Fourteen people on a small jet died when the plane crashed in Brazil’s northern Amazonas state.
The aircraft’s pilot approached the tourist town of Barcelos in heavy rain with low visibility, and appeared to inadvertently start landing halfway down the runway, Amazonas state security secretary Vinicius Almeida told a news conference.
The plane ran out of the landing strip and crashed, he added. Media reports showed the white jet belly-down on a dirt track, its front end crumpled into dense vegetation.
“I deeply regret the death of the 12 passengers and two crew members who were victims of the plane crash in Barcelos on Saturday,” said Wilson Lima, governor of Amazonas state, on X, formerly known as Twitter.
“Our teams have been working from the outset to provide the necessary support. My sympathy and prayers go out to their families and friends.”
In an interview with O Globo newspaper, Lima said the bodies were removed from the aircraft and all the victims were Brazilian tourists.
The region faces heavy rainfall and the most likely cause of the accident was an error in the route taken at the time of landing, Lima added.
The Manaus Aerotaxi airline issued a statement confirming there had been an accident and said it is investigating. It offered no details.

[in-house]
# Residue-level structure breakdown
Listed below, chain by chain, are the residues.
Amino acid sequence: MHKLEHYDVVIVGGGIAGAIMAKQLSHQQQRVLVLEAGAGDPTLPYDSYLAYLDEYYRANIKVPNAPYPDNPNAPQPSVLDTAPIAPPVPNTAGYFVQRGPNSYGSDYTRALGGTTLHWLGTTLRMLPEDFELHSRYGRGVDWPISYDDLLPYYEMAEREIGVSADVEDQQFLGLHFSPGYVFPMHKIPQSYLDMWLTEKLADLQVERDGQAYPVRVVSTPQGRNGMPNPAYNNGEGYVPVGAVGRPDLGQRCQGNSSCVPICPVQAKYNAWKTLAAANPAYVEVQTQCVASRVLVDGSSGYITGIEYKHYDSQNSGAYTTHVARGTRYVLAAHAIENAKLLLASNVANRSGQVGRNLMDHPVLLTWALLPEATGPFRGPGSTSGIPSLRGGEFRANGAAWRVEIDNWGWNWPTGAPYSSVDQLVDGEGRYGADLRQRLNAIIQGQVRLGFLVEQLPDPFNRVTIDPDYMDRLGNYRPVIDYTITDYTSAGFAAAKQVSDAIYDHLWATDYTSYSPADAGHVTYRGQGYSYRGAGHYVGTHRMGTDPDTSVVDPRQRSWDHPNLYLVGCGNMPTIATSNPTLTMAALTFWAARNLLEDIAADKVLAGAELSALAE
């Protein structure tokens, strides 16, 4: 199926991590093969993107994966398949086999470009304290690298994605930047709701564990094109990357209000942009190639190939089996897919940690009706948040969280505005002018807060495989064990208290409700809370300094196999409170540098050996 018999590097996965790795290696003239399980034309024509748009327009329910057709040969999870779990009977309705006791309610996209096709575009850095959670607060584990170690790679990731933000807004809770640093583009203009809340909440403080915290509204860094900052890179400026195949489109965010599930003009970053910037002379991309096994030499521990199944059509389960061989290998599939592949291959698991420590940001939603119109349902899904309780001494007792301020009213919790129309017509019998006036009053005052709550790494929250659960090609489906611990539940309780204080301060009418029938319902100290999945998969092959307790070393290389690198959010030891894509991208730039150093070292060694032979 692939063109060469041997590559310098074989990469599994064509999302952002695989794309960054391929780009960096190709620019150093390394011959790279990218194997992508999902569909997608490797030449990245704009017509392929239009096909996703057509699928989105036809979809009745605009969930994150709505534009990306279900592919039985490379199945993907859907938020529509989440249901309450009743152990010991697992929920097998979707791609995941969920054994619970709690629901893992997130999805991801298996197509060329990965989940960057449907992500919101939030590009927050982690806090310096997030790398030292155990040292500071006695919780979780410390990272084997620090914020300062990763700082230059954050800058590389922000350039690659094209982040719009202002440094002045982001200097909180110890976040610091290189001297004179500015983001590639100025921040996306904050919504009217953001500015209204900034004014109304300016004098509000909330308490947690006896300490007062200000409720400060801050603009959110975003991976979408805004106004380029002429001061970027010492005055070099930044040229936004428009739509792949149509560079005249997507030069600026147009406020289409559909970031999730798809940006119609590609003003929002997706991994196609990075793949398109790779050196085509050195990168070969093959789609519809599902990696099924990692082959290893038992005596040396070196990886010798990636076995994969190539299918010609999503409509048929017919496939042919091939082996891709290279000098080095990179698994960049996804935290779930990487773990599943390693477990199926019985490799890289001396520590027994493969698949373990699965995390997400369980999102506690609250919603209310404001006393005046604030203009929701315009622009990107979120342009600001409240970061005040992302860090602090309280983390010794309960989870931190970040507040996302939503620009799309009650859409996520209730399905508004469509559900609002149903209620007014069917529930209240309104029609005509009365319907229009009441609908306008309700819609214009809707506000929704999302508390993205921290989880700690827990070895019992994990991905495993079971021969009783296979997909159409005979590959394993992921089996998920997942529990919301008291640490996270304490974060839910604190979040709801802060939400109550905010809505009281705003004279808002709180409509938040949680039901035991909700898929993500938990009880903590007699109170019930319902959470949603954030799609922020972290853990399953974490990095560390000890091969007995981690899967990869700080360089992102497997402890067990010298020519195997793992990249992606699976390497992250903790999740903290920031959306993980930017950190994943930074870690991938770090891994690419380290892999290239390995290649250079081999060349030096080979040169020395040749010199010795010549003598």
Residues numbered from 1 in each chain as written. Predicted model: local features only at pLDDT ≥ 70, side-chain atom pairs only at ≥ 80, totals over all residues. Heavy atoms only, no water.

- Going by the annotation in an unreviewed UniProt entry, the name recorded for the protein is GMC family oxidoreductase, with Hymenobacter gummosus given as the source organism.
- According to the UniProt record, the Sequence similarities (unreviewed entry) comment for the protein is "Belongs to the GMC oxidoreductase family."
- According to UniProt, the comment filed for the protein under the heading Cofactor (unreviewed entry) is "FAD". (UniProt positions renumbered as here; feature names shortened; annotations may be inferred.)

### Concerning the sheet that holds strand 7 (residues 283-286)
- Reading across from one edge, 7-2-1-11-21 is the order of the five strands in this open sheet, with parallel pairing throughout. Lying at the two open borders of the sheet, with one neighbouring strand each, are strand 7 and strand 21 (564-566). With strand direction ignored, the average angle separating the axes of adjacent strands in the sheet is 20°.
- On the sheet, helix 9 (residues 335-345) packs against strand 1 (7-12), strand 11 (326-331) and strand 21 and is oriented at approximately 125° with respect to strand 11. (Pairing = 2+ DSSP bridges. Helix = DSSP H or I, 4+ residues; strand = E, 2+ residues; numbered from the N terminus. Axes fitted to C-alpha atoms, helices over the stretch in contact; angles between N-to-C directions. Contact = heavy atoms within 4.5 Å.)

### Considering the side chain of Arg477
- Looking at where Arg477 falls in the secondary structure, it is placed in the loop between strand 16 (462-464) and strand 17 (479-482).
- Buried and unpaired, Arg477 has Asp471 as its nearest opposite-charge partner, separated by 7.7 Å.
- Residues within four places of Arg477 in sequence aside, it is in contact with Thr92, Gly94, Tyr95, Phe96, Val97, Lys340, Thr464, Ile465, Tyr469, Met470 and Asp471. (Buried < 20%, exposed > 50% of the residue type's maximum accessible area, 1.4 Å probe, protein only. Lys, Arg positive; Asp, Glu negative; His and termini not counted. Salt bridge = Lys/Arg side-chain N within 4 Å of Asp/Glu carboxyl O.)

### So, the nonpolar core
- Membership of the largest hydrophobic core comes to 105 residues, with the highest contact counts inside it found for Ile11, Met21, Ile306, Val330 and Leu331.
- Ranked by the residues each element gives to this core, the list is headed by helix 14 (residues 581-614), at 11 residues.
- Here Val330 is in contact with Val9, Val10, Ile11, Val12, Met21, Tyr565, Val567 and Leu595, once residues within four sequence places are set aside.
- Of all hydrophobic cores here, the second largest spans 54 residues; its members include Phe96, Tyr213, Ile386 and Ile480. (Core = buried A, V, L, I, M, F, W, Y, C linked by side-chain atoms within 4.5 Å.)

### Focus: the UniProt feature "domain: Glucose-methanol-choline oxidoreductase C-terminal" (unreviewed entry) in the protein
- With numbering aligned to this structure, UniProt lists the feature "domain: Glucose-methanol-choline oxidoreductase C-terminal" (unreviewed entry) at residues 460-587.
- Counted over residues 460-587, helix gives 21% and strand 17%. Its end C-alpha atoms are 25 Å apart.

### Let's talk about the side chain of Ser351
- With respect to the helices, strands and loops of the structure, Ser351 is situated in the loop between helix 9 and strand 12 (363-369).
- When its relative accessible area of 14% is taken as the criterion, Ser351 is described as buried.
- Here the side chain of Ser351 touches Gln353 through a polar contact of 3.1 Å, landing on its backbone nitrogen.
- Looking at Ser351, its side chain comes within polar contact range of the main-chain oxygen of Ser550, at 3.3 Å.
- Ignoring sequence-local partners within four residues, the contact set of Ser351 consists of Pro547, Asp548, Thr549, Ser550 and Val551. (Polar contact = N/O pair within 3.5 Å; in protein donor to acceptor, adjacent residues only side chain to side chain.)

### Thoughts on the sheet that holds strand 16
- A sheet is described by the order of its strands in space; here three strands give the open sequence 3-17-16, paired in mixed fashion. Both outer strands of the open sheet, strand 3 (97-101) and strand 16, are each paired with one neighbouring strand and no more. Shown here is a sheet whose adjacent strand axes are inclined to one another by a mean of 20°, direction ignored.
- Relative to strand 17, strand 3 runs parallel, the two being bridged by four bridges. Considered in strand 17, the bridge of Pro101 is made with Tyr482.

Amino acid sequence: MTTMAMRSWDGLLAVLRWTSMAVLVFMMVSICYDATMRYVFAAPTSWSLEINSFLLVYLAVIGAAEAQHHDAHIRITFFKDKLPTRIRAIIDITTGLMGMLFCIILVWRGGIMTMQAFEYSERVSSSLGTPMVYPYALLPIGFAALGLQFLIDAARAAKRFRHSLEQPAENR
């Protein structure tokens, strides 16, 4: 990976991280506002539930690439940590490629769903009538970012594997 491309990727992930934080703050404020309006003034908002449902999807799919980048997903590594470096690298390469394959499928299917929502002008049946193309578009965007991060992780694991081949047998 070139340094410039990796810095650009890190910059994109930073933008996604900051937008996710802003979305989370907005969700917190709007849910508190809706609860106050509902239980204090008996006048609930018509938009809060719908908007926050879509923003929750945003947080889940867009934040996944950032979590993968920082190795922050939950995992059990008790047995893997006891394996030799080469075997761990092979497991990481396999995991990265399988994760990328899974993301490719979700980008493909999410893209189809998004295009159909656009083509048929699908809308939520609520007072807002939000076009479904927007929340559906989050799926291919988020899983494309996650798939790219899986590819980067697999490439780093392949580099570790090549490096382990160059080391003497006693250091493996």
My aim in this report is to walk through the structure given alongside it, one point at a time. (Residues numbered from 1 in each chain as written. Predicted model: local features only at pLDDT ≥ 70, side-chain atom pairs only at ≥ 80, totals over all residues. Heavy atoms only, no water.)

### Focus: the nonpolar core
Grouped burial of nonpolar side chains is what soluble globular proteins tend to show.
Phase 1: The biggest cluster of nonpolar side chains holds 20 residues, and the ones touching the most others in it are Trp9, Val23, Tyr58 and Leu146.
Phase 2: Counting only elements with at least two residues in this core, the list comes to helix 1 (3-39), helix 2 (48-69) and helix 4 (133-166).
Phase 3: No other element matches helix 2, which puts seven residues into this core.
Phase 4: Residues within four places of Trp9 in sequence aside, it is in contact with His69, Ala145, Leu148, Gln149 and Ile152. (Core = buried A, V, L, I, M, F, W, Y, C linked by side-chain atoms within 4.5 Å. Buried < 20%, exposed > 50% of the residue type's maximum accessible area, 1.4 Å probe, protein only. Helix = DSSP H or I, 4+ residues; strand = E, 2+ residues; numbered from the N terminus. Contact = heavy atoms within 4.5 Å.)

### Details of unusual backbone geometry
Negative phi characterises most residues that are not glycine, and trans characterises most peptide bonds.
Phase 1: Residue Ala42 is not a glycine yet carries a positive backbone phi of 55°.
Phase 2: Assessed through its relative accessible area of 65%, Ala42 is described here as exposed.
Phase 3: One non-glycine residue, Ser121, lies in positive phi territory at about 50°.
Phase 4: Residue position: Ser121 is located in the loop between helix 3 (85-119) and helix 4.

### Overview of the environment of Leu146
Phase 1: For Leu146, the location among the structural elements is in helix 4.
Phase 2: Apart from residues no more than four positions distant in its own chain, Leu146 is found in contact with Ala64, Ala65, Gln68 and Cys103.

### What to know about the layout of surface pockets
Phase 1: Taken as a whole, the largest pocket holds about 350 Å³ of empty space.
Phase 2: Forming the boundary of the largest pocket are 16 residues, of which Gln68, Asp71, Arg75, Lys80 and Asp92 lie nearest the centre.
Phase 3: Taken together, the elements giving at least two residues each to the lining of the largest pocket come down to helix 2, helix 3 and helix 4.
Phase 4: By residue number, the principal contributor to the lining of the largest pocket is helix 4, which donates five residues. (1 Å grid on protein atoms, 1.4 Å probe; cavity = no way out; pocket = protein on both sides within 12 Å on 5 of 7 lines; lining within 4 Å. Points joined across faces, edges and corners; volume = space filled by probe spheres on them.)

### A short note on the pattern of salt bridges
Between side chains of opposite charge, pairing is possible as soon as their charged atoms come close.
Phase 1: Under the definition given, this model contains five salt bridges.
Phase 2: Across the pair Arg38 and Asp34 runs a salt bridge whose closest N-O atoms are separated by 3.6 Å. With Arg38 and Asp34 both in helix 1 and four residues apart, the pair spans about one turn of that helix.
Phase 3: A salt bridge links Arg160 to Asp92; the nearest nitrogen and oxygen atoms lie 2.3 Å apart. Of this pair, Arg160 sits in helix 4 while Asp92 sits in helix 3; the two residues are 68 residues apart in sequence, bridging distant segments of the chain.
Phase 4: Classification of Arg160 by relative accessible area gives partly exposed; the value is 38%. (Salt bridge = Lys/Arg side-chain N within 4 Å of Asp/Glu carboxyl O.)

“We count on respect for the privacy of those involved at this difficult time and will be available to provide all necessary information and updates as the investigation progresses,” it said.
The Brazilian Air Force said in a statement investigators were called in to find the reasons for the crash of the small aircraft, an Embraer Bandeirante with the registration PT-SOG.
Located on the Rio Negro, an Amazon tributary, Barcelos borders several national parks and other protected areas. It is the peak season for fishing in the region, a popular spot for catching tropical river species.
Covered mostly in dense rainforests, Amazonas is an adventure travel destination. It receives hundreds of thousands of visitors each year, according to Amazonastur, the state tourism company.